For those that say round pen this gelding then I can assure you that some horses are not safe to round pen. I certainly would not want to be shut in with it.
It takes an experienced person to work with this sort of animal and, with some there is no hope and euthanasia is the best way for all concerned.
I had a big warm blood mare come here in an emergency situation as her owner had been in a bad car smash.
I knew nothing about the mare only that she was turned out and not ridden. I was warned by the driver delivering her that she had 'a reputation' and had been to several places for training but returned shortly afterwards.
She led out to the filed fine and I turned her out with two of my mares. Usual squealing and threats and my two mares went off and she was a distance behind them.
Later I drove the ATV to the field to feed them. My mares came to the gate as usual when they heard meals on wheels I went to unlatch the gate and the new mare charged me and really meant business.
I will admit I was taken aback but, all I did was to turn the ATV around and drive back to the barn whereby I picked up my twitch, about 4 ' in length and made from a broken pitchfork handle.
Back at the gate the mare came at me again, this time harder and she actually bent the metal gate.
Difference was that I was ready for her and hit her straight down the front of the face with the twitch. HARD.
She shot off and stood about 50 yards away shaking her head and yawning. I drove into the field and across to the area I fed. Put the feeds out. New mare stood back and when I drove towards her she ran off.
That, to my way of thinking was good. She had a fear of me.
Next day she kept away so I caught my two and led them in letting her follow into the big loose area we have in the barn. I then had her go into a stable. There was no sign of her thinking of attacking me - she just wanted to keep a safe distance from me.
Once in the stable I caught her and decided that I would see what was causing the problem.
She was misaligned but nothing major and I soon adjusted her. I bossed that mare. If she so much as blinked without permission she was corrected with a hard poke of my finger, an arm wave or harsh voice.
I called the owner's husband and asked if I could ride her - after getting her feet trimmed. His answer was that no farrier would work with her but I could ride her if I wanted but he would not take any responsibility.
My farrier came and she started to mess but a poke and hard word from me and she was fine. My farrier had refused to do anything with her a few months before, he recognised her but said nothing knowing that A) I would have sorted her and B) I would not object if he cracked her one if she deserved it.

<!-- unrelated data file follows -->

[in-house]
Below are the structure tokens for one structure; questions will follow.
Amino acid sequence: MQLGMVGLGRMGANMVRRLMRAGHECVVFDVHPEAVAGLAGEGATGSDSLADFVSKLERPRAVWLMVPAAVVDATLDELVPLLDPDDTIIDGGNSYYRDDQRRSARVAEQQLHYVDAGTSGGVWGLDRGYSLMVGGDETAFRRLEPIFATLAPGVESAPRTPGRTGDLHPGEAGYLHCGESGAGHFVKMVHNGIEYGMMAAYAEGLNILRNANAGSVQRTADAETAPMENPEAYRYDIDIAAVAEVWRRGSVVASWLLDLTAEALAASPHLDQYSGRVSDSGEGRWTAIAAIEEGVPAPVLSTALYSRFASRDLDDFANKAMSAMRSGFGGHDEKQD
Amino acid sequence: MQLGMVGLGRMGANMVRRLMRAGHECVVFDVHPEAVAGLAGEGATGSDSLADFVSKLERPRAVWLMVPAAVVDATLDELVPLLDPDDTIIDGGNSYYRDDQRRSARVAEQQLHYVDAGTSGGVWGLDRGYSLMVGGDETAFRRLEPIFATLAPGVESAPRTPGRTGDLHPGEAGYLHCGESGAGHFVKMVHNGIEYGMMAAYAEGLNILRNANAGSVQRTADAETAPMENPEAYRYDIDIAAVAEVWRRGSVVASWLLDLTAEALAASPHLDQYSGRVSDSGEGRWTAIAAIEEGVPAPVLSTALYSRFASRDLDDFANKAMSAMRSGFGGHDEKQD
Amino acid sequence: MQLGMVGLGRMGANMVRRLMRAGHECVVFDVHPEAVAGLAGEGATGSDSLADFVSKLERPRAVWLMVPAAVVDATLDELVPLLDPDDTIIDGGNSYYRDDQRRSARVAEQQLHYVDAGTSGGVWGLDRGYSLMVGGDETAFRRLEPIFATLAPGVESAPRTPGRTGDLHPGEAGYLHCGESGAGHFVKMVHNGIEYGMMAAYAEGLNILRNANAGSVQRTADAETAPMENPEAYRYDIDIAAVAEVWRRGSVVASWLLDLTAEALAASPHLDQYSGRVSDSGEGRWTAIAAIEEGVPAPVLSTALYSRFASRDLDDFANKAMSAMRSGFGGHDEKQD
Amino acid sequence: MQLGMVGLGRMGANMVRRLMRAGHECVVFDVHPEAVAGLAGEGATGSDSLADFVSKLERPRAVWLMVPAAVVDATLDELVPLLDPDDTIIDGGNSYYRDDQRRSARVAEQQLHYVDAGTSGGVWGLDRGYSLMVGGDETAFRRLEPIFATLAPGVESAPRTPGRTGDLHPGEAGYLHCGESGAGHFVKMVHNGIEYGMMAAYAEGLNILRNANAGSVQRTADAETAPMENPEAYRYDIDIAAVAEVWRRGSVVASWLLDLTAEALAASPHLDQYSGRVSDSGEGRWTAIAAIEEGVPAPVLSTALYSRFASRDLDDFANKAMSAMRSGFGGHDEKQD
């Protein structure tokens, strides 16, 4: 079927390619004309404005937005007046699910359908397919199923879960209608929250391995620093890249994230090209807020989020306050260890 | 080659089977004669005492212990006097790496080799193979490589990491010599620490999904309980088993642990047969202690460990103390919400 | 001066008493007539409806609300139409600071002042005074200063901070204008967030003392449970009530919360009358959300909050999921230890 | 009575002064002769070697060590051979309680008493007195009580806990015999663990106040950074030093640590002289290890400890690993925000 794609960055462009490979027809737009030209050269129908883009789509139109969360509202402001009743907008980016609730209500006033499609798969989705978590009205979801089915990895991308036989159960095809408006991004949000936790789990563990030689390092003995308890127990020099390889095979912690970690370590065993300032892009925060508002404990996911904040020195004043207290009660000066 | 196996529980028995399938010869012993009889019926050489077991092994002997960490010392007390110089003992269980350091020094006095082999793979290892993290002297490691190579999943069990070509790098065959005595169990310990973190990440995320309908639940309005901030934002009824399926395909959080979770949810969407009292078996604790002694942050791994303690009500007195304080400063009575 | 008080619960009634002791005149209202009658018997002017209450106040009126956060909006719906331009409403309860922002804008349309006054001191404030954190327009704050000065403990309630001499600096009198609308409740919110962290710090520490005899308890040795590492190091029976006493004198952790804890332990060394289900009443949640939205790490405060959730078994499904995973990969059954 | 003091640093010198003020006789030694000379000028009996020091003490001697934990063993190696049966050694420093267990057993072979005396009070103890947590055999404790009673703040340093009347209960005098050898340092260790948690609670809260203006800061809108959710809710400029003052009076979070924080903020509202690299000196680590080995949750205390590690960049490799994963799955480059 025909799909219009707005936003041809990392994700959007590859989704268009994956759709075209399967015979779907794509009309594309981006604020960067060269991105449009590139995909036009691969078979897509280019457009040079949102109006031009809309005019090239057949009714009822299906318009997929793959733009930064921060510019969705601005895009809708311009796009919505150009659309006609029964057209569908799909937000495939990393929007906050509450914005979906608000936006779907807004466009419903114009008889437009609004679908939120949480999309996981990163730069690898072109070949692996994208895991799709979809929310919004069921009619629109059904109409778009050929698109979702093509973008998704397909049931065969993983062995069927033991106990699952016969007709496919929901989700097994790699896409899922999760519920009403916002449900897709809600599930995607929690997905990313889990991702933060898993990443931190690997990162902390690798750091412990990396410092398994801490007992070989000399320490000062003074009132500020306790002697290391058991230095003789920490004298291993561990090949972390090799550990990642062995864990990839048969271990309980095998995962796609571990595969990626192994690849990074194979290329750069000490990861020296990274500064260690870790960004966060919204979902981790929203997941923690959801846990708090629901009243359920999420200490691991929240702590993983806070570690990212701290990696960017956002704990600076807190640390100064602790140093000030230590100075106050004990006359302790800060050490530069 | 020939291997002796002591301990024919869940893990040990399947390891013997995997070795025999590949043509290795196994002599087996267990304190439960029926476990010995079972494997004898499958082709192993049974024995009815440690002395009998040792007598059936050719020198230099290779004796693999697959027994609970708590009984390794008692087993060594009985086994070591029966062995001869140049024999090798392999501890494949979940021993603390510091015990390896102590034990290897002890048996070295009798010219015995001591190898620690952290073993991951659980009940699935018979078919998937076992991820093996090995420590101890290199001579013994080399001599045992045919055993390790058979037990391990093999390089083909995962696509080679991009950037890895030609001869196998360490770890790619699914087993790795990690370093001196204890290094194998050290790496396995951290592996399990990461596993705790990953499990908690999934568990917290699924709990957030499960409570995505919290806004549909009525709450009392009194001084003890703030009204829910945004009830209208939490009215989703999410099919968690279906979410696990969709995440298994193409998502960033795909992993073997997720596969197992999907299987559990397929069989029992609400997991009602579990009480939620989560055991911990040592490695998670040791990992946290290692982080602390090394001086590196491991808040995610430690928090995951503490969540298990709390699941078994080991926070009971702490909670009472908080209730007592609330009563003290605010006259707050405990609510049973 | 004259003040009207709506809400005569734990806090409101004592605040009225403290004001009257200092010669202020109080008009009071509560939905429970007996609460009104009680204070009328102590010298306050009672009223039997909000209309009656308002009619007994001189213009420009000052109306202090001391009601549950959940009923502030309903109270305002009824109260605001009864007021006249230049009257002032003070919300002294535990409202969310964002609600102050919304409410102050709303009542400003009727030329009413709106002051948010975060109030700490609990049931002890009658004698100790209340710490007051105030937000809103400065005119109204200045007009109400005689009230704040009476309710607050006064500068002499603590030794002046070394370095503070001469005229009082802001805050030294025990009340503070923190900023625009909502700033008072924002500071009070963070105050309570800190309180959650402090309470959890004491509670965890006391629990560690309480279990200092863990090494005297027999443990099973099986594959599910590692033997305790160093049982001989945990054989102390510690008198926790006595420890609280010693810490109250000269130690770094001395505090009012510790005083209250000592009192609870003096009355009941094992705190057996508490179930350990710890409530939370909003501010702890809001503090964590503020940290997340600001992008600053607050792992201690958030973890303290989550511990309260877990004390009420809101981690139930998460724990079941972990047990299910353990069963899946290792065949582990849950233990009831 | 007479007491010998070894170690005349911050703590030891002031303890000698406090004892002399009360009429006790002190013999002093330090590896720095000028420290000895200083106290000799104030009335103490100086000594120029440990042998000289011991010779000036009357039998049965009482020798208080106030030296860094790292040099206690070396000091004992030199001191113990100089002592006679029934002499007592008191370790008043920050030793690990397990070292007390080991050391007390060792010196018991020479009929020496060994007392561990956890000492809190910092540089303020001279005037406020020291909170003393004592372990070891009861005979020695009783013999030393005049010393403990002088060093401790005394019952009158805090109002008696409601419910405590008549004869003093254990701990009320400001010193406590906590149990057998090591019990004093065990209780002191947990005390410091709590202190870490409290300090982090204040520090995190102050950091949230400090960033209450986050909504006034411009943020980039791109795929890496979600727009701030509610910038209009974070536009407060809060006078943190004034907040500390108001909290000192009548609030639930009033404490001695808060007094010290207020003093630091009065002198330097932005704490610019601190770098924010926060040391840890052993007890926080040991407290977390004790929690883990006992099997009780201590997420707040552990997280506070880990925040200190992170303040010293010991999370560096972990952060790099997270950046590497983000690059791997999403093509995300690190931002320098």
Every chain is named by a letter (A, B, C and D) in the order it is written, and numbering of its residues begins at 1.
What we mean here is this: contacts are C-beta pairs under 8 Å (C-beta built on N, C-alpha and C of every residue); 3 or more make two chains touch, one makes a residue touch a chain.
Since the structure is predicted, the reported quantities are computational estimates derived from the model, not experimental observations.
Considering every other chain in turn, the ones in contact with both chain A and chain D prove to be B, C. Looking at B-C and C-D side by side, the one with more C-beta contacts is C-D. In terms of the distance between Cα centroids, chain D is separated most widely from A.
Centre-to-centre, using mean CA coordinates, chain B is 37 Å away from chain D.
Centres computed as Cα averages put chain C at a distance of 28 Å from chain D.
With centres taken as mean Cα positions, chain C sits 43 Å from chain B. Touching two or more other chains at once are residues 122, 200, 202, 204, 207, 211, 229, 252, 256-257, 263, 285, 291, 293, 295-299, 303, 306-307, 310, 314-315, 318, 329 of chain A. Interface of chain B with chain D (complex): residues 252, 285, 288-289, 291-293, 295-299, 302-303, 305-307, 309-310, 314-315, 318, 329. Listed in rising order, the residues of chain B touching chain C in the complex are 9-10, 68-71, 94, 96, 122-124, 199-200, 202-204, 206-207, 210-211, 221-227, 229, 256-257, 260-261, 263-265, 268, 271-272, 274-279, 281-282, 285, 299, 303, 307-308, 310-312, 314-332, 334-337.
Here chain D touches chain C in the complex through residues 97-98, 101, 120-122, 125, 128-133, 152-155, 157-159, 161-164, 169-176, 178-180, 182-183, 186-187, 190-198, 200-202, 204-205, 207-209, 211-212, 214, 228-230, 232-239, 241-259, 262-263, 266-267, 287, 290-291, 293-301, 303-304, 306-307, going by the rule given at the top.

I did ride her to find that all she did was rear. I just sat her out and a few minutes later had the ride of my life on a very well trained horse that was answering aids I did not know I had given. Piaffe, passage, half passes were all there.
When I rode her out on the roads and tracks she was worse than any of my youngsters for spooking and bewilderment at new things like sheep and cattle. However, she did enjoy it and the more she went out the better she got and braver. She had a good pop to her over hunt jumps and ditches.
When the owner returned it was to find her 'baby' a totally different horse. Happy, relaxed and enjoying life. The story was much as I had suspected in that the horse had been bought for the price of a house, as a three year old in Germany. She had been trained for dressage and done nothing but twiddle around in an arena for about 8 years, I reckon tat she had had a mental breakdown and aggression was the way out. (She had hospitalised three people) When she meat someone who gave her as good as she was giving she had to think twice about it and make a decision that if she attacked me then I could and would retaliate and hurt her back - just as another horse would.
Now, the punishment fitted the crime, it was applied at the instant she went for me so, there was not an iota of doubt what it was for - so, it was fair.
I sold the horse for the owner and she is now fox hunting and show jumping and loving life.
I have only, in many years, come across three horses that were truly vicious - the first was sorted in much the same way, the second was put down, he was a real nutcase and I would have loved to have had him for longer but he returned to the race trainer for their open day and when the horse busted through the stable door and attacked the Head Lad, chasing him into a garage and the horse rearing up smacking his head through the roof, there was little other choice.
The third was the mare above.